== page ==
Dead batteries, gelatinous fuel, failed thermostats and frozen door locks. These are just a few of the ailments that can strike tow trucks, waste haulers and diesel-powered work trucks in severely cold weather. To keep your business going through ice, snow and sub-zero temperatures, check these seven maintenance areas on each of your trucks—and then check them again every week until temperatures rise above freezing and stay there for 10 days straight.
Batteries: Most batteries are rated to a certain sub-zero temperature, but battery age can creep up, taking owners by surprise. Keep extra batteries on vehicles, if possible, and know the temperature for which your batteries are rated. Also, keep terminals clean and free of corrosion to prevent starting problems.
Locks: Lubricate hood latches, door locks and all other locks on your trucks to help prevent sticking. Lubricants can stop ice from forming inside locks and keep them operating properly.
Hydraulics: Hydraulic units, control panels, bearings, lines and fittings can ice up and stop working. Check hydraulic fluid levels regularly and inspect accessories for wear. Full synthetic hydraulic fluids are good choices in areas where temperatures are very low or very high, but potential incompatibility with some seal materials makes petroleum hydraulic fluids a safer alternative. Additives, which range from anti-wear, rust and oxidation inhibitors, and viscosity-index improvers, can add even greater protection and longer life.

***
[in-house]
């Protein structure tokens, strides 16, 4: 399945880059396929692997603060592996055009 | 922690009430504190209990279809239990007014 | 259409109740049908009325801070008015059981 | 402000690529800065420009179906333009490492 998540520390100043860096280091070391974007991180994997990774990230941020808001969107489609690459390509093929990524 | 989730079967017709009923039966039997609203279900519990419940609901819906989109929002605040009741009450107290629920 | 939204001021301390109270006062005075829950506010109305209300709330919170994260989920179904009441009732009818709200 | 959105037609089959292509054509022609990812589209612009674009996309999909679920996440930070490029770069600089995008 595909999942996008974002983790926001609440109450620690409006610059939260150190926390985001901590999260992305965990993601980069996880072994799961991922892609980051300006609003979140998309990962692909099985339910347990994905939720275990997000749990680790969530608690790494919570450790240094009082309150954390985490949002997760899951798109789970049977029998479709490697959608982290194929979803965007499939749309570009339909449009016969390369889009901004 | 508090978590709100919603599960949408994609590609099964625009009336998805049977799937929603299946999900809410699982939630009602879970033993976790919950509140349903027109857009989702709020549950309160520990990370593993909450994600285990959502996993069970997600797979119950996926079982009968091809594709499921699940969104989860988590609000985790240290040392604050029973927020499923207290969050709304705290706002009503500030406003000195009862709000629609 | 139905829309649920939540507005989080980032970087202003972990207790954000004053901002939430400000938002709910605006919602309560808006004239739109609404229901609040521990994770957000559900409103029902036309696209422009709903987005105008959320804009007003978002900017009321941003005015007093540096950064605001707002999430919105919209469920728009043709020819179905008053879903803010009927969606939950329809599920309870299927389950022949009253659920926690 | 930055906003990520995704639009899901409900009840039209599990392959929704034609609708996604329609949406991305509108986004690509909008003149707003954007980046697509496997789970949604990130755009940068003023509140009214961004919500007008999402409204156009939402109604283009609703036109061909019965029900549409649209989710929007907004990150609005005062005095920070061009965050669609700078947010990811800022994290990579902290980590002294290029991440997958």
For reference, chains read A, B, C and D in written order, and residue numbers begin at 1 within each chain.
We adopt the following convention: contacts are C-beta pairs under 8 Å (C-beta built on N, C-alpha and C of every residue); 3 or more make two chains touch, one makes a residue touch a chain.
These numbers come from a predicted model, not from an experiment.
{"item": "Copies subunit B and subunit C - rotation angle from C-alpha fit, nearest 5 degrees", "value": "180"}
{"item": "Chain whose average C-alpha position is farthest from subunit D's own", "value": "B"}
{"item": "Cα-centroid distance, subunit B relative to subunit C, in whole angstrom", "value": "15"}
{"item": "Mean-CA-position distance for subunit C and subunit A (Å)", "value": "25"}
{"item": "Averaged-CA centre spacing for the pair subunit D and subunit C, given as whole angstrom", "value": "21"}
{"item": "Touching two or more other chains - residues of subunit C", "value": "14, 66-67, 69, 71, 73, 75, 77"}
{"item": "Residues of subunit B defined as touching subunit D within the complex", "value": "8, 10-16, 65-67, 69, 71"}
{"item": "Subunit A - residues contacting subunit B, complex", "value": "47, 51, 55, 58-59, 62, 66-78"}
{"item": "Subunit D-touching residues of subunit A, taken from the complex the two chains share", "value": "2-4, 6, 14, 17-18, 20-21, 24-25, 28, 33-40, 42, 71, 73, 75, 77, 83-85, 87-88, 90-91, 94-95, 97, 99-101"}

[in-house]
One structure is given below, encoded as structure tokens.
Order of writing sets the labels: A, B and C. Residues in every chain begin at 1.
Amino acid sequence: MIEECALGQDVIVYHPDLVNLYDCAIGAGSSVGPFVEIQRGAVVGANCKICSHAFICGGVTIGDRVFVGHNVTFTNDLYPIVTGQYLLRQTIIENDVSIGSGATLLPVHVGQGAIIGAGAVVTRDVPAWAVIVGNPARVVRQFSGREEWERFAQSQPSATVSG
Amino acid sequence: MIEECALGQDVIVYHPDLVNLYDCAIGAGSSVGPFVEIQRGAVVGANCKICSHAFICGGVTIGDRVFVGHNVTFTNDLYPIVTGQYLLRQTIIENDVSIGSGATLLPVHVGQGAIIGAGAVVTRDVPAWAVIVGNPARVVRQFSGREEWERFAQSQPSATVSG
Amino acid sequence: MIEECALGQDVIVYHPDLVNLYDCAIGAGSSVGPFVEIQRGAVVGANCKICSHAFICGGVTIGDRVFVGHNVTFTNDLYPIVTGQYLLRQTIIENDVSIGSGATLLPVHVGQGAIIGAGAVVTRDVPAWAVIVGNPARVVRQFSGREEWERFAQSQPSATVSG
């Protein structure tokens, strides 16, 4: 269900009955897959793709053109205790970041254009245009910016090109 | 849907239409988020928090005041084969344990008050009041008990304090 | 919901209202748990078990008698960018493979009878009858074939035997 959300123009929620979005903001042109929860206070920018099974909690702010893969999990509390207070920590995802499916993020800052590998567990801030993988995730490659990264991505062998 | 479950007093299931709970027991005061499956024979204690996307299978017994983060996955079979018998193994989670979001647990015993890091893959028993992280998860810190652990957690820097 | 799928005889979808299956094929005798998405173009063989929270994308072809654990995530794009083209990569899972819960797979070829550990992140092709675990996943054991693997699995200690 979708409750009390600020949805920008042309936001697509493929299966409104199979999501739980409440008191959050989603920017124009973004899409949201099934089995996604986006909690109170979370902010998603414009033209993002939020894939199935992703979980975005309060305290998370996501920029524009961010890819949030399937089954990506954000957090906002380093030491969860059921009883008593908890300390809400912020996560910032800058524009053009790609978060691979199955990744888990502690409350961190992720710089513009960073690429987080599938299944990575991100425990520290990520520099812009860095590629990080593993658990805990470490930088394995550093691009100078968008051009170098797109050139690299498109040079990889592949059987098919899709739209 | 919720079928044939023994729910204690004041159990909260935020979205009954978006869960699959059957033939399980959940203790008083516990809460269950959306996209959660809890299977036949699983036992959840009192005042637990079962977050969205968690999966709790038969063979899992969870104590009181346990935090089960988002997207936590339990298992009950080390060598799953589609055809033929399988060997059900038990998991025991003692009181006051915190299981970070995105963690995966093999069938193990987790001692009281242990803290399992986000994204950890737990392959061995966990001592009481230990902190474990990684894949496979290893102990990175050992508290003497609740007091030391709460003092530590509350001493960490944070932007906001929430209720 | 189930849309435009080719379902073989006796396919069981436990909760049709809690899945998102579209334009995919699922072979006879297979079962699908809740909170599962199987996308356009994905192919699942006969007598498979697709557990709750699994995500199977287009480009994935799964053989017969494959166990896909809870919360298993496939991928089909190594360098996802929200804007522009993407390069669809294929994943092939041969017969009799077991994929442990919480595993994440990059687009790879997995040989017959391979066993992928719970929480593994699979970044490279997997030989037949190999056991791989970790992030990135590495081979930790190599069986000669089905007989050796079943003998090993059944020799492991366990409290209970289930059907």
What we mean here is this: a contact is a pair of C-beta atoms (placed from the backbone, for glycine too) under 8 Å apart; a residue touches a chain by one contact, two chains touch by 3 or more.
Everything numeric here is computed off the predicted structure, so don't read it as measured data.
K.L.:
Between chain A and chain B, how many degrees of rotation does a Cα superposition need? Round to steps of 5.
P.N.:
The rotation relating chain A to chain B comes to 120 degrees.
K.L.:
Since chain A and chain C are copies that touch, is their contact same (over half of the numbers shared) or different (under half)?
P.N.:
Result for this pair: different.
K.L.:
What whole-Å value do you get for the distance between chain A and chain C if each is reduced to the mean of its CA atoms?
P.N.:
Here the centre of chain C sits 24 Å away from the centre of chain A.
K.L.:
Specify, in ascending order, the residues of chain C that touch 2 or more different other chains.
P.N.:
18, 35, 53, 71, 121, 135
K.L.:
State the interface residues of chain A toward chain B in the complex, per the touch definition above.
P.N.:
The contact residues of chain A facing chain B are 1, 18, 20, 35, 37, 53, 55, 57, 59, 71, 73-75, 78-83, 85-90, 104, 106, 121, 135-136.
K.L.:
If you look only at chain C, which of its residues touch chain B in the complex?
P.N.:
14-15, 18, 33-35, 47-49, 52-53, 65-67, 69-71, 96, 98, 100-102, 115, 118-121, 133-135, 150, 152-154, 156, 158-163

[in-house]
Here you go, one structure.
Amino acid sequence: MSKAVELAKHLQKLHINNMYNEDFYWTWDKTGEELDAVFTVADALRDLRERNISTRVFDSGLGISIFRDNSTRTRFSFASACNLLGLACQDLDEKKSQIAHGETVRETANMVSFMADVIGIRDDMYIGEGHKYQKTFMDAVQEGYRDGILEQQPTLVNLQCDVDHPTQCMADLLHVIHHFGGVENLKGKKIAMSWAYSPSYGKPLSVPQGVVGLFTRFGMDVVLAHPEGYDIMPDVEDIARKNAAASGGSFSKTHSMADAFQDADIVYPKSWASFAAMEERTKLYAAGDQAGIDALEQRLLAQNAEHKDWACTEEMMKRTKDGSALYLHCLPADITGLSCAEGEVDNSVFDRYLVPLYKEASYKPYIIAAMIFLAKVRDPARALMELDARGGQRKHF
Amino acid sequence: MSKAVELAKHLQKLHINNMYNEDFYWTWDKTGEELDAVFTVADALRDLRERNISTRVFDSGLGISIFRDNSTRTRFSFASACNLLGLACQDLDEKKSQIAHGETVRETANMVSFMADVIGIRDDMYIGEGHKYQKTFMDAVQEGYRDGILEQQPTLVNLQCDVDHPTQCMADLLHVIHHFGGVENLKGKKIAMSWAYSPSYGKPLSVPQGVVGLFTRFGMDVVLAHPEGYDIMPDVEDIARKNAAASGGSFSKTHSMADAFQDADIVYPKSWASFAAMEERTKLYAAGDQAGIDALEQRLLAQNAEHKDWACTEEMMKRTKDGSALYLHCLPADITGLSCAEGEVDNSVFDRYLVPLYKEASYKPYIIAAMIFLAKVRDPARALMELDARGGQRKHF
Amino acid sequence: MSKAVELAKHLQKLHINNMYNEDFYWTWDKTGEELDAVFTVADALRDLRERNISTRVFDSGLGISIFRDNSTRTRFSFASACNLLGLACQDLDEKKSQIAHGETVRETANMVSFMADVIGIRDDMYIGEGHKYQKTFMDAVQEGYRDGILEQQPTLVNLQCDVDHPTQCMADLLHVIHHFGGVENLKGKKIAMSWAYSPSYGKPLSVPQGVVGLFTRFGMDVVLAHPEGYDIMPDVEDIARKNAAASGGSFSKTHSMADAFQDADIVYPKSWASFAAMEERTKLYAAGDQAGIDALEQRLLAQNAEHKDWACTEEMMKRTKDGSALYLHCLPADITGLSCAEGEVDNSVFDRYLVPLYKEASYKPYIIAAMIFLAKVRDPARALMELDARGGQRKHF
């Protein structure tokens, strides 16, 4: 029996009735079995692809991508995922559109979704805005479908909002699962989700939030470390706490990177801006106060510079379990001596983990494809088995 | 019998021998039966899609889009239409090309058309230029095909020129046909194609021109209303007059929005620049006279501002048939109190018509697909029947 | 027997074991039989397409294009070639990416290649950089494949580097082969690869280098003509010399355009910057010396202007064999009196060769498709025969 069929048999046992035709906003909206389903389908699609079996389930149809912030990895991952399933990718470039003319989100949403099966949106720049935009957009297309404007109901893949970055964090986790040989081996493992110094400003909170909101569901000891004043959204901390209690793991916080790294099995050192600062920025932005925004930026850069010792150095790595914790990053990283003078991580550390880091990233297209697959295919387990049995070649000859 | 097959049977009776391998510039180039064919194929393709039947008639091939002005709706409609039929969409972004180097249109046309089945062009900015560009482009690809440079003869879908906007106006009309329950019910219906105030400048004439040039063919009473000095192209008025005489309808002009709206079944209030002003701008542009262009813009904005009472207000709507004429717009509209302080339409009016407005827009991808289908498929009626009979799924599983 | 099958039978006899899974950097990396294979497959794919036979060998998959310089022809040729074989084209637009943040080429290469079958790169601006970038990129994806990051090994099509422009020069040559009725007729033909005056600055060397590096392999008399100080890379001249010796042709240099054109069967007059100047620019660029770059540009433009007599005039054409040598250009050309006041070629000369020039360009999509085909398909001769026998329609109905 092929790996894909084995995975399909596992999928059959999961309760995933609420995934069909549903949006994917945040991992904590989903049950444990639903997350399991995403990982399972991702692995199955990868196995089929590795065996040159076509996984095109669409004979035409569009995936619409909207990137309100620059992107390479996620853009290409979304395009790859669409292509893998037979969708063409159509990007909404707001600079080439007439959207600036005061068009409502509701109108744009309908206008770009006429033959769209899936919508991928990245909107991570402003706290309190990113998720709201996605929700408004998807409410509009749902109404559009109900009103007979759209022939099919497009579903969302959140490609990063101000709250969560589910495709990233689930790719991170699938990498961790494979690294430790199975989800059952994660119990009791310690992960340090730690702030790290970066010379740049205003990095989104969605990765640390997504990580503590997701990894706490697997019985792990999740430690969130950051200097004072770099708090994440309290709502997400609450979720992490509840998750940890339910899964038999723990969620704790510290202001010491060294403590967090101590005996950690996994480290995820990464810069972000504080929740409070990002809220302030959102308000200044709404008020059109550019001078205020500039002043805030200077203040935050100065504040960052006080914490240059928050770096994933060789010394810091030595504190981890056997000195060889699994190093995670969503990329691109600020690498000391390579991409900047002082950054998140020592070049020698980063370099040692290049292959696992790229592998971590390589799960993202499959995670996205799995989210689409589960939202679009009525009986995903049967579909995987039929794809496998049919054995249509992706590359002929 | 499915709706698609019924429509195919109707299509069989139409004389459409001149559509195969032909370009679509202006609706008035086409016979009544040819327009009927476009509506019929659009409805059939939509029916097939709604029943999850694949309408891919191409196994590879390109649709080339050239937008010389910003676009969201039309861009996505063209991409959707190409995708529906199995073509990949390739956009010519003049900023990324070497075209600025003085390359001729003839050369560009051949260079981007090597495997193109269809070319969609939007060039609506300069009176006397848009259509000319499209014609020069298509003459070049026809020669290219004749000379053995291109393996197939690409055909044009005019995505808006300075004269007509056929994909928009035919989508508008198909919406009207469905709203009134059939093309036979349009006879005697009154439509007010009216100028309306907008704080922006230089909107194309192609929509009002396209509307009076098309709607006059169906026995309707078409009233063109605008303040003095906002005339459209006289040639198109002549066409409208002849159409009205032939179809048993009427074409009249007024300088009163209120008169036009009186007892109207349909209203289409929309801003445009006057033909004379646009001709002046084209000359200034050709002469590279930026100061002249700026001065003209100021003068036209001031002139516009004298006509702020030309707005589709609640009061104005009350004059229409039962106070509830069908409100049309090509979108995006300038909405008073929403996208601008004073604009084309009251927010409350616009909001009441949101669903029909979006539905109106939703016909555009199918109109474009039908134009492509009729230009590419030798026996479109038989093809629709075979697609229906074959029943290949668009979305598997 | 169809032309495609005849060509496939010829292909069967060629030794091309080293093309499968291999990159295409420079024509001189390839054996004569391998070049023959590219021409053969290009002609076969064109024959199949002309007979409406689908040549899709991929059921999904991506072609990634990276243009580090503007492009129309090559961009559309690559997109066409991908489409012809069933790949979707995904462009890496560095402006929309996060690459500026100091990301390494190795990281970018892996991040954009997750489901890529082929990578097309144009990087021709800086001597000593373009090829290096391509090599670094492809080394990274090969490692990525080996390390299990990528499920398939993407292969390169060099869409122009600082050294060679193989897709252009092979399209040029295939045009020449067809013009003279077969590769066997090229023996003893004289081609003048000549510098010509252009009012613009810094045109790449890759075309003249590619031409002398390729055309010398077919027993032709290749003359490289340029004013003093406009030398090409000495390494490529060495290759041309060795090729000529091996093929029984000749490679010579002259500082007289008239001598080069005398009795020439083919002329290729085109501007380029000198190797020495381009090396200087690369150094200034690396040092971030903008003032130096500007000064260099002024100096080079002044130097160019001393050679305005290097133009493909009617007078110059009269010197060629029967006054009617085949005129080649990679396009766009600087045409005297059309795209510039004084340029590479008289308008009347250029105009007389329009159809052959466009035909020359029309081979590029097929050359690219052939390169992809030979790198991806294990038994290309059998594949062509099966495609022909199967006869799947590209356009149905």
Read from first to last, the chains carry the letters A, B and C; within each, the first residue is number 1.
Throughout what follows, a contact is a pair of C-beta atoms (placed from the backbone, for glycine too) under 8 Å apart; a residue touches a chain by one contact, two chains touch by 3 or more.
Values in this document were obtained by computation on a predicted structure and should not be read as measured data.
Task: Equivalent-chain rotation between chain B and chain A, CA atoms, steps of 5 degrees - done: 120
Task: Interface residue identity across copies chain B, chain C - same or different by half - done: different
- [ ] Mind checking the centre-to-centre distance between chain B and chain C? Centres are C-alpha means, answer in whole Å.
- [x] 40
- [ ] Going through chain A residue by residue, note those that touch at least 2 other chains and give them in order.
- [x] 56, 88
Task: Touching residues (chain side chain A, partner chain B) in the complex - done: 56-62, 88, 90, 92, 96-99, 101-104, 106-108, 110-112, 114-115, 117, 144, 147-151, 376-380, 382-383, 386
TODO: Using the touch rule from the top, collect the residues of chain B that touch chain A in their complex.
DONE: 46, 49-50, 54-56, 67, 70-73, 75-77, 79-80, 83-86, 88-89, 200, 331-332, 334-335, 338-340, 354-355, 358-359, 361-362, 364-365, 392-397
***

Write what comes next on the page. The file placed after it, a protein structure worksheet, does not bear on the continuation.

Tires: Tires with less than 3/32nd of tread should be replaced for winter driving. We don’t have to tell you the risks your drivers and your company incur when driving on snow and ice with worn tires.
Tire Pressure: Cold weather causes tire pressure to decrease, affecting vehicle handling, tire wear and fuel efficiency. Check tire pressure weekly and maintain at recommended levels for the conditions your trucks encounter.
Windshield Wipers and Fluid: Check wiper blades for damage and replace if needed. Keep new wipers on board, if possible, since freezing rain, hail or heavy snow can cause them to break. Washer fluid reservoirs should also be kept full and checked weekly, since keeping windshields clear during freezing precipitation can empty reservoirs quickly.
Truck Body: A coat of winter wax can help protect paint and exterior metal joints from damage and corrosion caused by ice, rocks and road salt. Wash your trucks weekly during winter to remove dirt and corrosive materials, and to check for damage.
Preventive winter maintenance can extend the life of big trucks and keep them running smoothly. But when age and damage start to take their toll, talk to us. Our lease and finance programs can put you into new or newer equipment quickly—at terms that work for you and your business.